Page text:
Free speech. Equality of rights and opportunity. The ability to exercise your self-determination. Access to technology and resources like the internet.
We paid for none of these things with our own blood, sweat and tears. So we take them for granted. We treat them with contempt and disdain. Gratitude for these things, if it exists at all, is found only in the subterranean depths of our minds.
See, the measure of our appreciation varies according to distance between us and it’s attainment. If our parents had fought for free speech, we, as their children, might appreciate it. But do we cherish something that our great-great-great-great grandparents devoted their lives to attaining? No. It’s too far away.
Perhaps the clearest demonstration of this idea? The difference of mindset between a self-made individual and their descendants.
The parent spent decades toiling away. Creating, re-inventing, adapting and evolving. Eventually, their efforts came good. They made it. They know just how much the fight cost them, so they appreciate every advantage their wealth can give to them. But their descendants? Their children, grand-children and great grand-children? They didn’t experience the same struggle. They can’t comprehend the distinction between no wealth and inexhaustible wealth. They’ve only ever been in the clouds. They haven’t experienced rock bottom. They don’t know what it’s like to fight for your life in the gutter. So they take for granted the numerous advantages they have.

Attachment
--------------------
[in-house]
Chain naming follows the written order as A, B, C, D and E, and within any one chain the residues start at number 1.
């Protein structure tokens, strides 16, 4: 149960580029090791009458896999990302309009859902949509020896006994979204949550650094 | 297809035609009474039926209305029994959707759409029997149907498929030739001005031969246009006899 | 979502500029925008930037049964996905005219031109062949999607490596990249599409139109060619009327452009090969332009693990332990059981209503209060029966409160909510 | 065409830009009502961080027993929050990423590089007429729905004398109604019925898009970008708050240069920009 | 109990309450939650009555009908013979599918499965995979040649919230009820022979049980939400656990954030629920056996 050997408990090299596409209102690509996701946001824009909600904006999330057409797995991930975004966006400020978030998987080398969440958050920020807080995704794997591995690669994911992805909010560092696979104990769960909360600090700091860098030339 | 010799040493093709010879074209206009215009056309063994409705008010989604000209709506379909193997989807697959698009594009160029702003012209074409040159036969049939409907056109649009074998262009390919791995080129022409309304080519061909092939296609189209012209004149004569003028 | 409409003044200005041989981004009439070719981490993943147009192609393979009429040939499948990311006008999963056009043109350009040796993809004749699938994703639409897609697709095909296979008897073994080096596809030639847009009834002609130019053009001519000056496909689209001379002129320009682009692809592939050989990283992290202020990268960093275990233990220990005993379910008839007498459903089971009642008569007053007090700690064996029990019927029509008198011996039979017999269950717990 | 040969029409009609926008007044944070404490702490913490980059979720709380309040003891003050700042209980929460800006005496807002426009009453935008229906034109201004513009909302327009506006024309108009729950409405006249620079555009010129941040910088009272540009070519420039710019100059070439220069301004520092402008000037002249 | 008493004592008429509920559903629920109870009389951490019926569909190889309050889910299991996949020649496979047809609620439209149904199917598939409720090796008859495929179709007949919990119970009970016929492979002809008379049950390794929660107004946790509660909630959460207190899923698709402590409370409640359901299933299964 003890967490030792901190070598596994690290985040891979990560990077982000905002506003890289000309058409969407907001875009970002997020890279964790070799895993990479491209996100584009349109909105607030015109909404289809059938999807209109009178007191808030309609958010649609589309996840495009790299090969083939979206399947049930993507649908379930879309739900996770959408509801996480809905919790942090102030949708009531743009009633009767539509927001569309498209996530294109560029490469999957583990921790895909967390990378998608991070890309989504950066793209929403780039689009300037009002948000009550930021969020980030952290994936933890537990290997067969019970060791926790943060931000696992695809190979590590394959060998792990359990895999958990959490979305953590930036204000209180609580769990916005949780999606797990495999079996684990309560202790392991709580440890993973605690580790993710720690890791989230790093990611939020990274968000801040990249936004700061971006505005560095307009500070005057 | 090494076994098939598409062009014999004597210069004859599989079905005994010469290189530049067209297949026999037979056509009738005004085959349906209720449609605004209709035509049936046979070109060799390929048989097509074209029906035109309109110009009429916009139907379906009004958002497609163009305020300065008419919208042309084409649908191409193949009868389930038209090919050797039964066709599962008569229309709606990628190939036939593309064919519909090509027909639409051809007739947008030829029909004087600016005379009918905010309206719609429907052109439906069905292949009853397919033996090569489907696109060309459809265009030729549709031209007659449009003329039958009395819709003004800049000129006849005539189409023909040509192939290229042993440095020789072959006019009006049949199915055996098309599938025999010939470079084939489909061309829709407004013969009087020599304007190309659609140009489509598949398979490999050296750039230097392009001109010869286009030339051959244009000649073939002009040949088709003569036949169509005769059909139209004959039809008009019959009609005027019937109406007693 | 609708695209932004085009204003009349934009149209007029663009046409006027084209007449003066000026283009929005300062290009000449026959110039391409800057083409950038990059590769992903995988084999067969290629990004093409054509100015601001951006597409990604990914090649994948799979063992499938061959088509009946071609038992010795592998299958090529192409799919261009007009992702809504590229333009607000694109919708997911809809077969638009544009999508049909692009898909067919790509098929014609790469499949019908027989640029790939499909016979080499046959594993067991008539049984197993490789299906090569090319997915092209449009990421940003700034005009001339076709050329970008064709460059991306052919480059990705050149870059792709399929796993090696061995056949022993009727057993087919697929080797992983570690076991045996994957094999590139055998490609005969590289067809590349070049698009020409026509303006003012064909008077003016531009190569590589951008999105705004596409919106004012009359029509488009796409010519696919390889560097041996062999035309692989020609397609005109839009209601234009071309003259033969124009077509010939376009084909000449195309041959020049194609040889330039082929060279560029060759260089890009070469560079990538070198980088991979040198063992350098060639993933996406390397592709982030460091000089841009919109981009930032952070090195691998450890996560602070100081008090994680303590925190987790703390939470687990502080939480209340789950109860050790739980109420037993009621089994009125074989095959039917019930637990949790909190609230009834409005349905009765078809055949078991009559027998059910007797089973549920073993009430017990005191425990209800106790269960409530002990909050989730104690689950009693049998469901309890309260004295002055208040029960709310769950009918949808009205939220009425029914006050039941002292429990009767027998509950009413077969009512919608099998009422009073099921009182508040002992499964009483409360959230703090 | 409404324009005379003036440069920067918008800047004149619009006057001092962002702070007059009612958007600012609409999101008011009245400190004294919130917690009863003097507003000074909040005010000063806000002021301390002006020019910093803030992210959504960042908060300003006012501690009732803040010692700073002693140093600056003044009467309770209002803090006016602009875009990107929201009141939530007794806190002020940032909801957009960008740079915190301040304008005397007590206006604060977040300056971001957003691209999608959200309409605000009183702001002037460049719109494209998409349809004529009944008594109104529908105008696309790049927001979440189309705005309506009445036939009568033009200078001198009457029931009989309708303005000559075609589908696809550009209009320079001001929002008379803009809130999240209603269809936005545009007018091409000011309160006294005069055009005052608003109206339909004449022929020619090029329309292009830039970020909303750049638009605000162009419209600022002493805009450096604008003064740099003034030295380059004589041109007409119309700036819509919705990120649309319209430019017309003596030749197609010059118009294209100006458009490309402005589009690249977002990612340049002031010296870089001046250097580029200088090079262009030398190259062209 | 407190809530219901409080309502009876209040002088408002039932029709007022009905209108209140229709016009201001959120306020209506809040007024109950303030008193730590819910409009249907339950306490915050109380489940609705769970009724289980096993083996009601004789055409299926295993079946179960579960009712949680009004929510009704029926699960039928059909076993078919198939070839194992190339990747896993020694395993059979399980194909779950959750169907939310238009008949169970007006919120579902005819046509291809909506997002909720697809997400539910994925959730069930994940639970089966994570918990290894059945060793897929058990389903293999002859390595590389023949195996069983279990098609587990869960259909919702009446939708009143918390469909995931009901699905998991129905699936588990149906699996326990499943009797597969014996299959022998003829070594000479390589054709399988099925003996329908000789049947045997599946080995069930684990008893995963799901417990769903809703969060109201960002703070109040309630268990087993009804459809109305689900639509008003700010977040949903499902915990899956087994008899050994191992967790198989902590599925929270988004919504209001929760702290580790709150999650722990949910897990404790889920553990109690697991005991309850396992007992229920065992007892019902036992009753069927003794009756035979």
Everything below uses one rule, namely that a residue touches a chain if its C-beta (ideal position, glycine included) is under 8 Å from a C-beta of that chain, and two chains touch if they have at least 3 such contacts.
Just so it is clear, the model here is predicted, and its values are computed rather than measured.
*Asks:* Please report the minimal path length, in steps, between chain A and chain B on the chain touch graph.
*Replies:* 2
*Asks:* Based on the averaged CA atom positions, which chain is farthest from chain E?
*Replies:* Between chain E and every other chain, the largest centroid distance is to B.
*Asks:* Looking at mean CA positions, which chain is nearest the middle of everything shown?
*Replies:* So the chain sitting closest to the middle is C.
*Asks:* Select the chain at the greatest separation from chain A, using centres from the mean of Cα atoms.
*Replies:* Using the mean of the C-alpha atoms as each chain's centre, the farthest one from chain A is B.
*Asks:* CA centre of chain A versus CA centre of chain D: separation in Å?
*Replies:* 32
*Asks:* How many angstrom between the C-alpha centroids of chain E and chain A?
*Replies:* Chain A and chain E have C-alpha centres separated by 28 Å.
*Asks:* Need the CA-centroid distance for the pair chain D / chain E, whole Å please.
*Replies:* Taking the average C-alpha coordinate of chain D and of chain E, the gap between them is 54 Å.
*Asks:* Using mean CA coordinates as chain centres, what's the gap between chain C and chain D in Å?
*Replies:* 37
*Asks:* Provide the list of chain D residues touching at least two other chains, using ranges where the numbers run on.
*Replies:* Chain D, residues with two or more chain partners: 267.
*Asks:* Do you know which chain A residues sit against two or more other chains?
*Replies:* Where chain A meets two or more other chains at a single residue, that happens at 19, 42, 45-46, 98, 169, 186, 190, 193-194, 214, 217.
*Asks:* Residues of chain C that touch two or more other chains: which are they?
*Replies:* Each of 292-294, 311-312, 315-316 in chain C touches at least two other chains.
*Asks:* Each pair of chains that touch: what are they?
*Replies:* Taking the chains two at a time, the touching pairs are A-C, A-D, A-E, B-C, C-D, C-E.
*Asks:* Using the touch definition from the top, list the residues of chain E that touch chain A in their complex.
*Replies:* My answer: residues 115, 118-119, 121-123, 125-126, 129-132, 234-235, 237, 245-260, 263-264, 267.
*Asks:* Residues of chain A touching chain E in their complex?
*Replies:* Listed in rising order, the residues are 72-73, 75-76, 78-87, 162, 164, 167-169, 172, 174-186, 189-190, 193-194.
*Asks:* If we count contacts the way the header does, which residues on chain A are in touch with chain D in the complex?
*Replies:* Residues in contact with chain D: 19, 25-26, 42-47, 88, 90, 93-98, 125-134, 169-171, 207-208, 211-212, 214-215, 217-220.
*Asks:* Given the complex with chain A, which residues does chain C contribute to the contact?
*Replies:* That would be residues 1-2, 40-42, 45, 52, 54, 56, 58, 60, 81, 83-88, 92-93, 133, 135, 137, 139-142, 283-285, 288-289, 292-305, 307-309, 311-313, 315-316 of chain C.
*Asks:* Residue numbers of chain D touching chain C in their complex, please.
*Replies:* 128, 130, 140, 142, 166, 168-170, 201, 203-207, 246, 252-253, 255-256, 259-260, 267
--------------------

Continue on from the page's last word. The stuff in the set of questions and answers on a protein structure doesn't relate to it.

As a species, it’s hard for us to appreciate what we didn’t earn for ourselves. Hard, but not impossible.
It takes time and effort to consider the resources we have at our our disposal, but did not win through our own endeavours. But if we can do it? If we can reflect on all the advantages won by previous generations? Then perhaps our newfound gratitude will inspire us to win an even greater victory for the generations that come after us.